My memory is the night of the 2006 FIFA World Cup Germany final between Italy and France.
In Rome, where I was working at the time, I was covering an outdoor public viewing event. I couldn’t see the big screen at the venue packed with about 150,000 people.
When I went to the police rest area, there were only 13 police officers (an eerie number) and I was welcomed. The match was eventful. France’s Zinedine Zidane has been sent off after headbutting Italy’s Marco Materazzi.
After a 1–1 draw at the end of extra time, the match went to penalties. One young police officer started doing backflips as an act of good luck on the shot. Finally, all 14 people there knelt down and prayed. Italy won.
People tend to be pitifully superstitious when they root for the team they support. British writer Nick Hornby is no exception.
In his autobiographical tale of his enthusiastic support for Arsenal Football Club, Fever Pitch, he wrote that he tried “lucky socks, lucky shirts, lucky hats, lucky friends.”
He even tried to exclude other friends who he felt would only bring trouble to the team.
FIFA World Cup Qatar 2022 has just started. This World Cup has been controversial with international criticism over suspected human rights violations of foreign workers involved in the construction of related facilities.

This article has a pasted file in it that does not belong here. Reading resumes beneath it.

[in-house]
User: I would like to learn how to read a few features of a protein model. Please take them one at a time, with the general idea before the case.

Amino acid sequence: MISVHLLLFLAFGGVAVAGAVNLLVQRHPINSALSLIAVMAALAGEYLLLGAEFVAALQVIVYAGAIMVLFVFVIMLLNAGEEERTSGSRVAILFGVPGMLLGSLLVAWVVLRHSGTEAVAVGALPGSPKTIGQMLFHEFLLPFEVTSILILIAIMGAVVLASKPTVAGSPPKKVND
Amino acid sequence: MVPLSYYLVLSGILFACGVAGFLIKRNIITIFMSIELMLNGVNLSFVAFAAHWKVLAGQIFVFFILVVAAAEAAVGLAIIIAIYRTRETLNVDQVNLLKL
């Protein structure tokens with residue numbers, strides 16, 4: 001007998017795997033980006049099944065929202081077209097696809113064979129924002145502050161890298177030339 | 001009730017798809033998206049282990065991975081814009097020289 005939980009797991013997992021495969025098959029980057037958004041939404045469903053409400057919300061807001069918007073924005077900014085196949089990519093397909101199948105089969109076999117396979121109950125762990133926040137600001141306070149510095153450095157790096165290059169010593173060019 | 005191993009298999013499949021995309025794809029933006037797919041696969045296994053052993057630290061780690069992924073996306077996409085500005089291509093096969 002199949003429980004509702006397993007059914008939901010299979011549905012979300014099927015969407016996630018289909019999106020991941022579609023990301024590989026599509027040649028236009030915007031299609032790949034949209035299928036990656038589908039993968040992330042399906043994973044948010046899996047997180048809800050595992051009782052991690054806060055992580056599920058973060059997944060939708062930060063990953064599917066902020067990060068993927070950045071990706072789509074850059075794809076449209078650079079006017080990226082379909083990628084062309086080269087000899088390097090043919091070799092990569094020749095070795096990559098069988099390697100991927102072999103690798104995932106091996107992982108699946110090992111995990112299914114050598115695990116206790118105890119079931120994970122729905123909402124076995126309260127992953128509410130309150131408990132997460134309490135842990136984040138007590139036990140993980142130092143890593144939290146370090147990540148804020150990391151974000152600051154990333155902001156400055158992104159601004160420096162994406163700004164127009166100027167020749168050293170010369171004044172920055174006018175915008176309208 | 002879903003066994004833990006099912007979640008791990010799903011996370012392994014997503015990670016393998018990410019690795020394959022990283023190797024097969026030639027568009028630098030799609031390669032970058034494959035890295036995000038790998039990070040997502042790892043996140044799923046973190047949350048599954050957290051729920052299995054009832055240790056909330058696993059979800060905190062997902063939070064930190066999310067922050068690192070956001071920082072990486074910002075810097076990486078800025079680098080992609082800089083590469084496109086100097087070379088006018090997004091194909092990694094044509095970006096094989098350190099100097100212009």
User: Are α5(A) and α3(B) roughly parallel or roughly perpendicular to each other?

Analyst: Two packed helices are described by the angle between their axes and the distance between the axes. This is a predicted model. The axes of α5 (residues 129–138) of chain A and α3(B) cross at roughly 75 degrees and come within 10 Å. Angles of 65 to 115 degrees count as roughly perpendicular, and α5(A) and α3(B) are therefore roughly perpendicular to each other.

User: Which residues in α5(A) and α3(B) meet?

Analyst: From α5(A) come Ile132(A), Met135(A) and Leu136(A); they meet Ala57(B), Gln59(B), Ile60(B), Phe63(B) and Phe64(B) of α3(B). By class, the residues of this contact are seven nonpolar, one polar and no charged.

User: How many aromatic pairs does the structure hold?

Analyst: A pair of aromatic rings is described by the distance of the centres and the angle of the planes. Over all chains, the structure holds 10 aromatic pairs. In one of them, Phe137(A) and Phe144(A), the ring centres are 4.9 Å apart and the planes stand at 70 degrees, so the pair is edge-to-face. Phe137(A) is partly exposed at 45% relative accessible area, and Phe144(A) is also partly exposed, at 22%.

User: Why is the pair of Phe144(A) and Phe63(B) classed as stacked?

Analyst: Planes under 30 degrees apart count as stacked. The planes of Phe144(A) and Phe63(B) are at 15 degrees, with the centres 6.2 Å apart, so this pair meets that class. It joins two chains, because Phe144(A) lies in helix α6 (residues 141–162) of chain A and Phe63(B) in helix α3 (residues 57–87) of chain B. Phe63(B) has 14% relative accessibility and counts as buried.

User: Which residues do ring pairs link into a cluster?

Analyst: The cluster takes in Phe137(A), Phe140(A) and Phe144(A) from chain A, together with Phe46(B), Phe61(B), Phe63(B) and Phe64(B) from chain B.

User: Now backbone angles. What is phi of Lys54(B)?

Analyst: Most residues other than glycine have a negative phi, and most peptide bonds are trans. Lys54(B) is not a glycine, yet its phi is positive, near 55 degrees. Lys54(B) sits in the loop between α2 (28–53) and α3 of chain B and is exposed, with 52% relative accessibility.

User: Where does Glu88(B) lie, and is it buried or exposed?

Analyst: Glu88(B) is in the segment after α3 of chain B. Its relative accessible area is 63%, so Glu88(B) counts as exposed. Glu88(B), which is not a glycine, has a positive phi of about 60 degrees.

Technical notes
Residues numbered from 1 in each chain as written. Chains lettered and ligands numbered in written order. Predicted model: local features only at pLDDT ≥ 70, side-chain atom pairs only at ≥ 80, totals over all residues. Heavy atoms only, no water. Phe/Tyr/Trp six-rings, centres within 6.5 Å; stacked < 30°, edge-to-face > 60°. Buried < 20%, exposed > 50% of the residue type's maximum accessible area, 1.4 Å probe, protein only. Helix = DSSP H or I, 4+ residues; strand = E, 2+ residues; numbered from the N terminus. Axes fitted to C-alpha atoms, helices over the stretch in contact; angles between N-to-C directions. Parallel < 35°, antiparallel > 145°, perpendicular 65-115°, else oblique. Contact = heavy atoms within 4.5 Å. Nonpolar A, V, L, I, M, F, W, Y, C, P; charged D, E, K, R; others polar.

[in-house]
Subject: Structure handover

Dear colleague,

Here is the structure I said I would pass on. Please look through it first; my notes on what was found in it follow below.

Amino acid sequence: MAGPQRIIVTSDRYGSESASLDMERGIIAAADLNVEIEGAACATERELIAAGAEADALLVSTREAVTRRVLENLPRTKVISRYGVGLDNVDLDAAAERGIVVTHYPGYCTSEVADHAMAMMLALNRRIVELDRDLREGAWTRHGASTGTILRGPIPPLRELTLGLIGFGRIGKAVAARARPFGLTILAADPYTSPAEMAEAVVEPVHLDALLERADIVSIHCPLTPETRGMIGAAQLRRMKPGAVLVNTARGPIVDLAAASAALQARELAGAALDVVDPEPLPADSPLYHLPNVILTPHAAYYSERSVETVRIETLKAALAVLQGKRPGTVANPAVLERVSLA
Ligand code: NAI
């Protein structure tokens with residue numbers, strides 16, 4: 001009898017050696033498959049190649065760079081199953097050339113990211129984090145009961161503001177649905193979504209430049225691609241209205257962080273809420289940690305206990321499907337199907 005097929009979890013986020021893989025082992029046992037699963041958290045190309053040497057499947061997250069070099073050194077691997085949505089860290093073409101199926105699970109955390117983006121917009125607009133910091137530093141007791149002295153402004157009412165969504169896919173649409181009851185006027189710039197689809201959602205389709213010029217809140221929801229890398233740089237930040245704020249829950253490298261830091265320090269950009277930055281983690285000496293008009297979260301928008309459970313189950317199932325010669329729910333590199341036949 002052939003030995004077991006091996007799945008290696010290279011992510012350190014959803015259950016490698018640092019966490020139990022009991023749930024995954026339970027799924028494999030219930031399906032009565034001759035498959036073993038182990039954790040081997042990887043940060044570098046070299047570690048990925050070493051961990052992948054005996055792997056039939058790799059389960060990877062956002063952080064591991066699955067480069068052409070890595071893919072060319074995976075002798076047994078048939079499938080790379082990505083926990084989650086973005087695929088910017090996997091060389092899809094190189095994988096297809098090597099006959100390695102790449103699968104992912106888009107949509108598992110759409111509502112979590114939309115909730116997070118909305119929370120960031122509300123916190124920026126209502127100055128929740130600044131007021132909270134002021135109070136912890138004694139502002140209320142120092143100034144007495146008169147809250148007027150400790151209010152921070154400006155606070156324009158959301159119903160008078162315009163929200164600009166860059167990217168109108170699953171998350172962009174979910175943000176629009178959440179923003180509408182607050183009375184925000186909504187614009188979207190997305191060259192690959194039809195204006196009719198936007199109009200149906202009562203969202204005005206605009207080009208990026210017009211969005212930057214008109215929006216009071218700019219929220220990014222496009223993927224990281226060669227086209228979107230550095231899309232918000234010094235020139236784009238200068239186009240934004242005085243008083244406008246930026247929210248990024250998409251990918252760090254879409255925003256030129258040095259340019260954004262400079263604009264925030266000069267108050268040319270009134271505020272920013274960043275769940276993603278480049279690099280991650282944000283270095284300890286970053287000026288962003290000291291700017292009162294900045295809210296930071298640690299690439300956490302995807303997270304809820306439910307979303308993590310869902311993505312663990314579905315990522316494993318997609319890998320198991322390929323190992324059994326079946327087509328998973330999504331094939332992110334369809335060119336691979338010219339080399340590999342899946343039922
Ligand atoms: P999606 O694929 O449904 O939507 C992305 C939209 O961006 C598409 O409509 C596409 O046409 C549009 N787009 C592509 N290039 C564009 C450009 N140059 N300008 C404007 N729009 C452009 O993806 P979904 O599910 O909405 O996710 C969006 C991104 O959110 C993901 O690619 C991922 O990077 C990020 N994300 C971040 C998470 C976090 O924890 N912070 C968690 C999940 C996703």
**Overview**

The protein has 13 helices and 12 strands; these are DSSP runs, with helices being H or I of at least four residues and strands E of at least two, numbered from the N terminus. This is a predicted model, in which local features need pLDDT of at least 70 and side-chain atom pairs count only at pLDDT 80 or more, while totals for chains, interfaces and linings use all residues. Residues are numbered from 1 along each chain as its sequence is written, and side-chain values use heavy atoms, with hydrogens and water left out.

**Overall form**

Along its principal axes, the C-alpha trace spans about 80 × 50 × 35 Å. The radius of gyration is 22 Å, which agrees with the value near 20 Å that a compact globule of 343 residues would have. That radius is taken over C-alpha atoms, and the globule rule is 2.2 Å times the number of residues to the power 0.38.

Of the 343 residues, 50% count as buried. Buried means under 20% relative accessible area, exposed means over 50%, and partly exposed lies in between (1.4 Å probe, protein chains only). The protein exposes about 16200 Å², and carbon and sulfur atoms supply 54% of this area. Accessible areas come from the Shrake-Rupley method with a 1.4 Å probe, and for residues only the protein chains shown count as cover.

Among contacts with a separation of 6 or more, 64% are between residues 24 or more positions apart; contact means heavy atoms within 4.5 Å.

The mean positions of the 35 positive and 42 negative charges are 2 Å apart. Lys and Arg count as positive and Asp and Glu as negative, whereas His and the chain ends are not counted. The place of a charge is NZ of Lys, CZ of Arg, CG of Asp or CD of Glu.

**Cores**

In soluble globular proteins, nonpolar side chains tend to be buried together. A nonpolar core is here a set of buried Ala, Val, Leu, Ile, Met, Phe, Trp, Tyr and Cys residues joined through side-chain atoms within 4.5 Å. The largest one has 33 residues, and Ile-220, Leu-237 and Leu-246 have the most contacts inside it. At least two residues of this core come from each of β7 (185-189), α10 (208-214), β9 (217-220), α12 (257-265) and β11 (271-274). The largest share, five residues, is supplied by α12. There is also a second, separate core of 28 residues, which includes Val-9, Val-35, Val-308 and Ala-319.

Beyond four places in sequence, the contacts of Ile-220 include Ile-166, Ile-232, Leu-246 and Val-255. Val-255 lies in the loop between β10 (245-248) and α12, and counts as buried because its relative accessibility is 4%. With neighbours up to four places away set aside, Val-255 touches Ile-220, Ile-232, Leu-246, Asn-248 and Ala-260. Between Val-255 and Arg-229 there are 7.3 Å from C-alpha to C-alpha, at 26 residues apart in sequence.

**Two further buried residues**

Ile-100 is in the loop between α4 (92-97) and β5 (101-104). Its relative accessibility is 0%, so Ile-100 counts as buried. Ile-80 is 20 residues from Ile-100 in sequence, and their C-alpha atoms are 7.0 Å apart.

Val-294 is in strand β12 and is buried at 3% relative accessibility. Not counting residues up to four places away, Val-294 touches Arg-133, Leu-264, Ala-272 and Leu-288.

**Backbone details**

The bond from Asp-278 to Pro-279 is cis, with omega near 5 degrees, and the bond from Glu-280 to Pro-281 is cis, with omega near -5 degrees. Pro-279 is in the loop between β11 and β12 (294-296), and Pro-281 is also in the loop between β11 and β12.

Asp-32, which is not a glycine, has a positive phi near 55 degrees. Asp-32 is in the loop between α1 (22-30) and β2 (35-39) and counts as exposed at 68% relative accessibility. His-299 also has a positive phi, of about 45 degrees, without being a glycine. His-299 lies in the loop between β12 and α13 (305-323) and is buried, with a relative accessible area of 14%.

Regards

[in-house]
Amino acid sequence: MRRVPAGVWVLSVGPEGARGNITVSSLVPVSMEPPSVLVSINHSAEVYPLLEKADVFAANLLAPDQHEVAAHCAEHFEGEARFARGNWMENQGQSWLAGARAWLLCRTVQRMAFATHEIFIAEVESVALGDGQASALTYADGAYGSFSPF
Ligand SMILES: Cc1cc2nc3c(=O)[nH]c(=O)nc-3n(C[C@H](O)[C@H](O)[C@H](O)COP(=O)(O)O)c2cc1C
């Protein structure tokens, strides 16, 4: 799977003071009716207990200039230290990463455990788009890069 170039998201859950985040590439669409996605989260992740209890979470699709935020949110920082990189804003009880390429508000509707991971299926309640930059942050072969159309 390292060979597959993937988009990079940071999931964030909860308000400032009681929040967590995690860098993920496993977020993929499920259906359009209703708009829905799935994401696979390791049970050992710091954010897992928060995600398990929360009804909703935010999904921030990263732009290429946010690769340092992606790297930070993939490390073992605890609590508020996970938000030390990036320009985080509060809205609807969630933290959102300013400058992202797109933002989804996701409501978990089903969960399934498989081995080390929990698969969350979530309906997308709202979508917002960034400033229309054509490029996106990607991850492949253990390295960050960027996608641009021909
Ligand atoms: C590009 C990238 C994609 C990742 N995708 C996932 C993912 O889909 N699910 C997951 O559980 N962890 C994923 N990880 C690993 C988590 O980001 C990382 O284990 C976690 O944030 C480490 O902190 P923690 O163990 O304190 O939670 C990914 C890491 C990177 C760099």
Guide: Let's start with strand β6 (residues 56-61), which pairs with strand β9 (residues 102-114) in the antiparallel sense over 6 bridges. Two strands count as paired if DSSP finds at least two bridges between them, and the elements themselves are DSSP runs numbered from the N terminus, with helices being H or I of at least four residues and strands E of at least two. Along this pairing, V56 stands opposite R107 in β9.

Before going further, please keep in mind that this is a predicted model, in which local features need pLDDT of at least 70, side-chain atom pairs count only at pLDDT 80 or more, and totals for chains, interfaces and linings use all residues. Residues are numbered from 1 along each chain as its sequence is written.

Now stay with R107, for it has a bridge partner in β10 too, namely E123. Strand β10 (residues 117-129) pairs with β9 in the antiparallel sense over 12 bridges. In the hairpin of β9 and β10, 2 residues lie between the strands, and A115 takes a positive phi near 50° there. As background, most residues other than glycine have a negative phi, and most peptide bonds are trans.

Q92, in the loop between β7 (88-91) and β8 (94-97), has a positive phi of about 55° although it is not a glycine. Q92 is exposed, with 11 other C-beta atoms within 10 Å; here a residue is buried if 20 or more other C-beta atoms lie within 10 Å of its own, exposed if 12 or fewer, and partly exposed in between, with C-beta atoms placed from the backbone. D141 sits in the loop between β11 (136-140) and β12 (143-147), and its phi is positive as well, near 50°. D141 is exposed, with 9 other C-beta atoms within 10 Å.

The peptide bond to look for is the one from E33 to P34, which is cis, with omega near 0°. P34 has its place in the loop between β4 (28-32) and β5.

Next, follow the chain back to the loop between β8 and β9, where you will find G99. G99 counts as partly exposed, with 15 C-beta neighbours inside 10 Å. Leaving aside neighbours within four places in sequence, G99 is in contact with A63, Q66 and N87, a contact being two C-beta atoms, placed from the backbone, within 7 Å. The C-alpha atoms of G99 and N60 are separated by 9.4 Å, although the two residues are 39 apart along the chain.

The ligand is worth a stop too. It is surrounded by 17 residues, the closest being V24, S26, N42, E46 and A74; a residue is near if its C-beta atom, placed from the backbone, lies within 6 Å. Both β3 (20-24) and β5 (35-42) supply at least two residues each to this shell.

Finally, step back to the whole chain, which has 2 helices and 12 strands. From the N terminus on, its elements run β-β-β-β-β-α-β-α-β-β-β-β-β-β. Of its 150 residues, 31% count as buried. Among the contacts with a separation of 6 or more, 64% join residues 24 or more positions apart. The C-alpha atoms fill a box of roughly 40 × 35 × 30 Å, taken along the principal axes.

There are calls in Europe to boycott the event. This controversy dampens our joy and enthusiasm for the teams and players we support.
Jules Rimet (1873-1956), the third president of FIFA and creator of the World Cup, managed to strike a fine balance between ideal and reality. In his memoir, Rimet stressed the importance of sport’s “social value” and “human value”. He also expressed dissatisfaction with being treated as a promoter.
It has been 92 years since the first FIFA World Cup was held. Bogged down in commercialism and various vested interests, the key values of the event seem to be undermining.
I’m one of those pathetic fans, but I’d like to maintain a cool demeanor toward sports celebrations.
Asahi Shimbun November 20
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Vox Populi, Vox Dei is a popular daily column covering a wide range of topics such as culture, art, social trends and developments. Written by a veteran Asahi Shimbun reporter, this column offers useful perspectives and insights into contemporary Japan and its culture.